|Farnham to Texas Road residents: Stop stealing county road rock!
|Posted: Friday, March 12, 2010 11:14 am
|PULASKI COUNTY, Mo. (March 12, 2010) — Commissioners did little during a mostly quiet Thursday morning meeting other than hold closed session meetings on undisclosed subjects, but in some of the few public comments of the day, Eastern District Commissioner Bill Farnham said he wants to give a stern warning to people on Texas Road that piles of gravel placed for the road crews are to benefit the public, not private homeowners.
“Apparently one of the neighbors saw someone backing their pickup to our road piles. The sheriff’s dispatch called the road foreman and asked what he should do about it; the deputy told him to put it back, gave him a stern warning and said they’ll be back if it happens again,” Farnham said. “Those piles were put there for a reason: To fill potholes, not to fix people’s driveways with.”
According to sheriff’s department records, that stems from an incident shortly before 5 p.m. on Monday when a resident called to report that someone had backed a “big green Dodge truck” up to a lot on Texas Road between True and Twilight.
Dispatchers called Eastern District Foreman Stan Crismon, according to sheriff’s records, who told them that workers from the Pulaski County Road and Bridge Department “did put gravel there and it was put there for a reason.”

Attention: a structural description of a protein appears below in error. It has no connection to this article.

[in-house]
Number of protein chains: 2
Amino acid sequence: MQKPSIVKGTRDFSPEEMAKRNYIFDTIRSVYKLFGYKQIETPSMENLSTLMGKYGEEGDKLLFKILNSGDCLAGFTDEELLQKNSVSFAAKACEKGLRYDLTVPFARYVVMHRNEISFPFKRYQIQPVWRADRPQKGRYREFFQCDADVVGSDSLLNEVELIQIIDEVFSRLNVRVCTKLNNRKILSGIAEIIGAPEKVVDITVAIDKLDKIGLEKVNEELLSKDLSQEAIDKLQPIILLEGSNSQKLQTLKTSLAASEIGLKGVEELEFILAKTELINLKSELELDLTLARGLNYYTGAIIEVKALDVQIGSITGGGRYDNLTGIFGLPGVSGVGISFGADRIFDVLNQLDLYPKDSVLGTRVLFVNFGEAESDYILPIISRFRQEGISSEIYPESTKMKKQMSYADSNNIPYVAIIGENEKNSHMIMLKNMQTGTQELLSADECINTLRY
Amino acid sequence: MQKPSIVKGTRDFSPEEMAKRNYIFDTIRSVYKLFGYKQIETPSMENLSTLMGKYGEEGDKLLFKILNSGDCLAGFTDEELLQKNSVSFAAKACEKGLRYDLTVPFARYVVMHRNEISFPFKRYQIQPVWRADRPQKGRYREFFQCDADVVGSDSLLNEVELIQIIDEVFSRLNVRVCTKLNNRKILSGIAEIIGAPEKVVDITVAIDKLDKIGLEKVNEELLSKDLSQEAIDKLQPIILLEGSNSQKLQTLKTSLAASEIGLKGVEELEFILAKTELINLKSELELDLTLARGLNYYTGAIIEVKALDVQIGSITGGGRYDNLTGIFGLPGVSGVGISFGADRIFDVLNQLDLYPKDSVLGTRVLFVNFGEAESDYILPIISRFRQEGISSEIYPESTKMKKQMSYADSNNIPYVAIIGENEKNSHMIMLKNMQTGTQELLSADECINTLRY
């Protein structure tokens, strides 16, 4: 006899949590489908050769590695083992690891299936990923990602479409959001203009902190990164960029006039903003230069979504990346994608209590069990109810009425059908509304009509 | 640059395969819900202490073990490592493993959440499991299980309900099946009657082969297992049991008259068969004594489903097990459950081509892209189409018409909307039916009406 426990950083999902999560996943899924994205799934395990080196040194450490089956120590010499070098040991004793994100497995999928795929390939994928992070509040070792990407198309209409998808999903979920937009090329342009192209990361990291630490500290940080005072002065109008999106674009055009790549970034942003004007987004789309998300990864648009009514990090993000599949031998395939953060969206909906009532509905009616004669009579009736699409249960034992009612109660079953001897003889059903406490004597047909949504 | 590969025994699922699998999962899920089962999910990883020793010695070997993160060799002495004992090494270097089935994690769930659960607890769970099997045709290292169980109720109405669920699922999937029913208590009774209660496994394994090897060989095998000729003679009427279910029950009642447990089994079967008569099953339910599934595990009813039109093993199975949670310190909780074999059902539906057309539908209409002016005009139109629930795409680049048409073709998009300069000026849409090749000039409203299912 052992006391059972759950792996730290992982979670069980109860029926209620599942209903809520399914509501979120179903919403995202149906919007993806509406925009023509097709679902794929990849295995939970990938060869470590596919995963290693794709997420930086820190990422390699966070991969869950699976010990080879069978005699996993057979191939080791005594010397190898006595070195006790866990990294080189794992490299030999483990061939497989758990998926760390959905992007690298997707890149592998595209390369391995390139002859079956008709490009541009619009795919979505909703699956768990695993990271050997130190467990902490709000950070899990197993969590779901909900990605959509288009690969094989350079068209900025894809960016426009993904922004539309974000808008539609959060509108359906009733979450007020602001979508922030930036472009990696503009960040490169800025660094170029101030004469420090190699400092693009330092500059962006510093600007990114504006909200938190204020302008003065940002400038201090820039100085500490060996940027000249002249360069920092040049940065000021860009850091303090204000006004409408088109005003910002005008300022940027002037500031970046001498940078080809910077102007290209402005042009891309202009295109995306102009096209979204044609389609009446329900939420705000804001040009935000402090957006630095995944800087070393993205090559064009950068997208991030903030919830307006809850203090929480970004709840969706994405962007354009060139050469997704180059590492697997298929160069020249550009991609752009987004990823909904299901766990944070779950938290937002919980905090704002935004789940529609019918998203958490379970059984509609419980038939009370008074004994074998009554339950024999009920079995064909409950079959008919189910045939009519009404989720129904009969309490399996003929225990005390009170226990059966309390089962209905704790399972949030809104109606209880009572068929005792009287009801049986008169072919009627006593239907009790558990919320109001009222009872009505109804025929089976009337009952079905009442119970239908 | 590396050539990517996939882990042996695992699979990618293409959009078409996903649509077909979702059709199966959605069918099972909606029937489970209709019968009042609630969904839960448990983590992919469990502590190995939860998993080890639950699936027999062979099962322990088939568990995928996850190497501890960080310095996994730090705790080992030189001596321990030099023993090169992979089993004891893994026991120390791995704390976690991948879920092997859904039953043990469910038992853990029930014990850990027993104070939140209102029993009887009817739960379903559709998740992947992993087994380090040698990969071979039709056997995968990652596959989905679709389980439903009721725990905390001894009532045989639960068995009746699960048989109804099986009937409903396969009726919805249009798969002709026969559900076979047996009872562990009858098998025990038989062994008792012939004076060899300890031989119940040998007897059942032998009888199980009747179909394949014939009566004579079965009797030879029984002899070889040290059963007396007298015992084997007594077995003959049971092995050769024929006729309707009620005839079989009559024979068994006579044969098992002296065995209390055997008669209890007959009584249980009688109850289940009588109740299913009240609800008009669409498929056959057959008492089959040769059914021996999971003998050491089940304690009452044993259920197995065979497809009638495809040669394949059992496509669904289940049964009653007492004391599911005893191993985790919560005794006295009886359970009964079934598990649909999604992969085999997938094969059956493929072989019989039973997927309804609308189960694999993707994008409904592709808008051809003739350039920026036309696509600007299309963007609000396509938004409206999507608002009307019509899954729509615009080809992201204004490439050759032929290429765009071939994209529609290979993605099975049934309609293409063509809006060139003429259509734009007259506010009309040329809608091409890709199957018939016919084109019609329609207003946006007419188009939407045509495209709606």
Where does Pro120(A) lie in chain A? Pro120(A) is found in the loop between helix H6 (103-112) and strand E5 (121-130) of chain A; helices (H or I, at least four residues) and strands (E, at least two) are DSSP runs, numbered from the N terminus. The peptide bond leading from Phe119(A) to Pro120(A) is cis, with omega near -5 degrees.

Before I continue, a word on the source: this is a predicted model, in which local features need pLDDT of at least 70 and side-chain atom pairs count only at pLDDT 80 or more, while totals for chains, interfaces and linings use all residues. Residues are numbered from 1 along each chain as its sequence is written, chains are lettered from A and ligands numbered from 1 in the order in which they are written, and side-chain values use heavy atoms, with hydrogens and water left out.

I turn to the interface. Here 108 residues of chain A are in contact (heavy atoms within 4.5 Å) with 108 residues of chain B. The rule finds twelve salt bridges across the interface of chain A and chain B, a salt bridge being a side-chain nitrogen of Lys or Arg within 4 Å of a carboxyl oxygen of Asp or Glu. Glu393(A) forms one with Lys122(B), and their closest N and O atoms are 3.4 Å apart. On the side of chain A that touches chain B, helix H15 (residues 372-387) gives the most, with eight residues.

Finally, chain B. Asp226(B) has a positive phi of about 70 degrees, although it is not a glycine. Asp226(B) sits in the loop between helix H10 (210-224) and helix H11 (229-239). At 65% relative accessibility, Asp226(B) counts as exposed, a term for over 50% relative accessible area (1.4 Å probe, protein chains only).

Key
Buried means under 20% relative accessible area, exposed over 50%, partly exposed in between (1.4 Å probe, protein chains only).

That reason, according to Farnham, is to make it easier for road crews to do repair work rather than having to haul gravel each time water washes out the road.
The person, a 26-year-old man with a New York address whose name is listed in sheriff’s department records but is not being identified since no charges have been filed, did agree to put the gravel back after receiving the warning from the sheriff’s deputy.
Crismon told dispatchers that “no charges will be filed if (the person with the pickup) puts the rocks back and doesn’t come back to that area again.”
Farnham said the pickup truck driver shouldn’t have gotten off so easily.
“Things would have been different if the sheriff’s dispatcher would have called me,” Farnham said.
In other business, county commissioners decided to decline an offer from the Meramec Regional Planning Commission to conduct a tire pickup this year after learning that under new rules, they’d have to accept used freezers and refrigerators as well as tires, and pay the cost to remove Freon from the equipment if it hasn’t been done already.
“So if they’re not willing to take just tires, we don’t want to do it?” asked Presiding Commissioner Don McCulloch.
Commissioners agreed, noting that they don’t have enough money to pay to remove the Freon.
That doesn’t mean people should throw old refrigerators into ditches or other illegal dumps, Farnham cautioned.
“(Cleanup organizers) named one of the local contractors who will take the Freon out of the refrigerators,” Farnham said.
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